The star of this fragrance commercial isn’t a celebrity. In fact, he’s not even a model. Stanford grad student Alexandre Robicquet is an AI researcher who works with Google X founder Sebastian Thrun.

There are many reasons as to why Robicquet was picked for the commercial, but his role as an AI scientist points to a significant cultural and technological change in the contemporary world. Mainstream media has made artificial intelligence look sexy, and the possibilities of robotic automation are limitless.

But AI isn’t breaking news. In fact, its earliest developments date to 1956, when Dartmouth professor John McCarthy proposed a summer research project to investigate the ways that machines could simulate learning. Soon after, AI labs sprung up at MIT and Stanford, where experiments involving chess, robotics, and communication were conducted.

More recently, AI hardware has become exponentially more powerful. Google and its parent company Alphabet have reportedly spent over $500 million in AI purchases, while Amazon continues to drive its inventory of AI technology to recommend products to customers and relocate items around around its fulfillment centers. Apple hopes to use AI to recognize handwriting, extend its products’ battery life, and recognize text embedded in PDF files.

No, Google isn’t the Terminator.

Amazing Potential

A study released by Conversica, an AI software platform, reports that only 1 in 5 people believe that AI can ruin their careers. A future with AI, unfortunately, comes at the expense of millions of domestic workers in the manufacturing, banking, and transportation industries.

For one, machine translation systems make human translators obsolete. Under automated financial services, banks would no longer need to hire tellers if ATMs could create new accounts and issue loans. As AI becomes acceptable for everyday travel, drivers at electronic taxi companies like Uber and Lyft may soon find themselves out of work.

These shortcomings, however, mean little when compared to the long-term practicality of AI in the world economy. The financial applications of AI are simply astounding: Algorithmic trading can seamlessly use complex AI systems to make trading decisions at lightning-fast speeds. Although these systems are generally used by large institutional investors, the millions of trades made daily by AI machines triumph over manual trading by human investors.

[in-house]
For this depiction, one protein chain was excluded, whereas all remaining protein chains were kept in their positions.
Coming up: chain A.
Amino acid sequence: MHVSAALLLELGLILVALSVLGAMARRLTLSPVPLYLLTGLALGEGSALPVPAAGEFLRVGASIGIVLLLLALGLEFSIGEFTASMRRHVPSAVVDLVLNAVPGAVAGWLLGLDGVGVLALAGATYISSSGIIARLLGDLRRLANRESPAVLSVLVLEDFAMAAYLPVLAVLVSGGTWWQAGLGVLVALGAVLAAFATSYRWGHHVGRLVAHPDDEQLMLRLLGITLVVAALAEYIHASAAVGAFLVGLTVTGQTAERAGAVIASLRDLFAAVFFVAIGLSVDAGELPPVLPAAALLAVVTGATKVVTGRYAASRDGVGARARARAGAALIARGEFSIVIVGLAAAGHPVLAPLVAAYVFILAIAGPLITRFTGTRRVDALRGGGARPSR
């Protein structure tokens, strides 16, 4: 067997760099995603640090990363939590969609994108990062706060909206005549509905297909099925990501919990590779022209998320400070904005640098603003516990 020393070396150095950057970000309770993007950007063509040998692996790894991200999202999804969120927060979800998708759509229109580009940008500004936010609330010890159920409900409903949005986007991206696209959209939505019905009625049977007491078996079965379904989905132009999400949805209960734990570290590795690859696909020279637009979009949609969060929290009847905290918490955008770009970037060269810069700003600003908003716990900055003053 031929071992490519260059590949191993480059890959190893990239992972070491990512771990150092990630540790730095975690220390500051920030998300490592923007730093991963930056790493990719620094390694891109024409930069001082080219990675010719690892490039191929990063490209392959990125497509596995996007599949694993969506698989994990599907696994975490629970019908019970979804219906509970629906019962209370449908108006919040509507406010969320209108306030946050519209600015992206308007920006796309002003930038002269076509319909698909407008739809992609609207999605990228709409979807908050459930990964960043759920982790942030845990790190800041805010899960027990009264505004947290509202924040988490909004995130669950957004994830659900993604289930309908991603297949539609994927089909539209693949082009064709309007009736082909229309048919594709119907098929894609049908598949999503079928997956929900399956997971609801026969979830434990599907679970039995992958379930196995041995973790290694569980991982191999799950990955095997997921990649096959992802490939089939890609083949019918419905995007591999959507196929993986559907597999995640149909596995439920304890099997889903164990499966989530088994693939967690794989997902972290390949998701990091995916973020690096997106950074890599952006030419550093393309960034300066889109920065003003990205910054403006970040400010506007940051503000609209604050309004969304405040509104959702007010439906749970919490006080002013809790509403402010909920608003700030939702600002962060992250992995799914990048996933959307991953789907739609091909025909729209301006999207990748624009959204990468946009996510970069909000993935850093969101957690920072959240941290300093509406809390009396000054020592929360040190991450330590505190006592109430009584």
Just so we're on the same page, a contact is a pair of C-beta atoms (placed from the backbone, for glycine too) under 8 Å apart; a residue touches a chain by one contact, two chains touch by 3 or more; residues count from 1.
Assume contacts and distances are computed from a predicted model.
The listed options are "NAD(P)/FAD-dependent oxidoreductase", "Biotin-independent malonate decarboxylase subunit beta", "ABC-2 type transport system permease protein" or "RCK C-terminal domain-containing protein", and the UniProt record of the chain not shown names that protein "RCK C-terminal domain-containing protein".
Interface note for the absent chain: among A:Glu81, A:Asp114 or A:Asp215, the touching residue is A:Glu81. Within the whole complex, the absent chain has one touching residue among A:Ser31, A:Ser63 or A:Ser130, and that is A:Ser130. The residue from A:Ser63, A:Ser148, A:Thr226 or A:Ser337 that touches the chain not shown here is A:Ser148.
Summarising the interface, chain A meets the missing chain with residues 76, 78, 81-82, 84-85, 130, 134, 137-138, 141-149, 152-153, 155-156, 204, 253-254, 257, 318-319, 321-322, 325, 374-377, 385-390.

Automated traders hard at work.

At home, several financial products and software can use AI to aid people in monitoring their spending habits. AI apps analyze monthly income and current balances and can then make their own decisions to transfer money to saving accounts. So-called “robo-advisors” provide financial advice and portfolio management to humans while adjusting to real-time changes in the financial market.

Most importantly, AI has amazing potential in the hospital. Tasks that can very soon be performed by artificial intelligence include heart sound analysis, treatment plan design, drug creation, and robot assistance for the elderly. In the midst of more affordable health care and more experienced medical professionals, artificial intelligence can use virtual avatars in place of patients for hands-on clinical training.

Why Stop Progress?

Last Friday, Russian president Vladimir Putin released a disconcerting statement on the power of AI, arguing that whoever becomes the leader in artificial intelligence will be crowned the “ruler of the free world”. Opponents to AI must consider that artificial intelligence is still in the incubation phase, yet its potential for technological and cultural growth is astronomical.

AI researchers suggest that it’ll take more than a hundred years for AI to significantly impact our day-to-day lives. As we intricately emerge into a computer-programmed world, we must think optimistically on the sustainable, lasting effects of automation and rely less on the surreal, dramatized depictions of artificial intelligence in world media.

Sources: ForbesFuturismThe Verge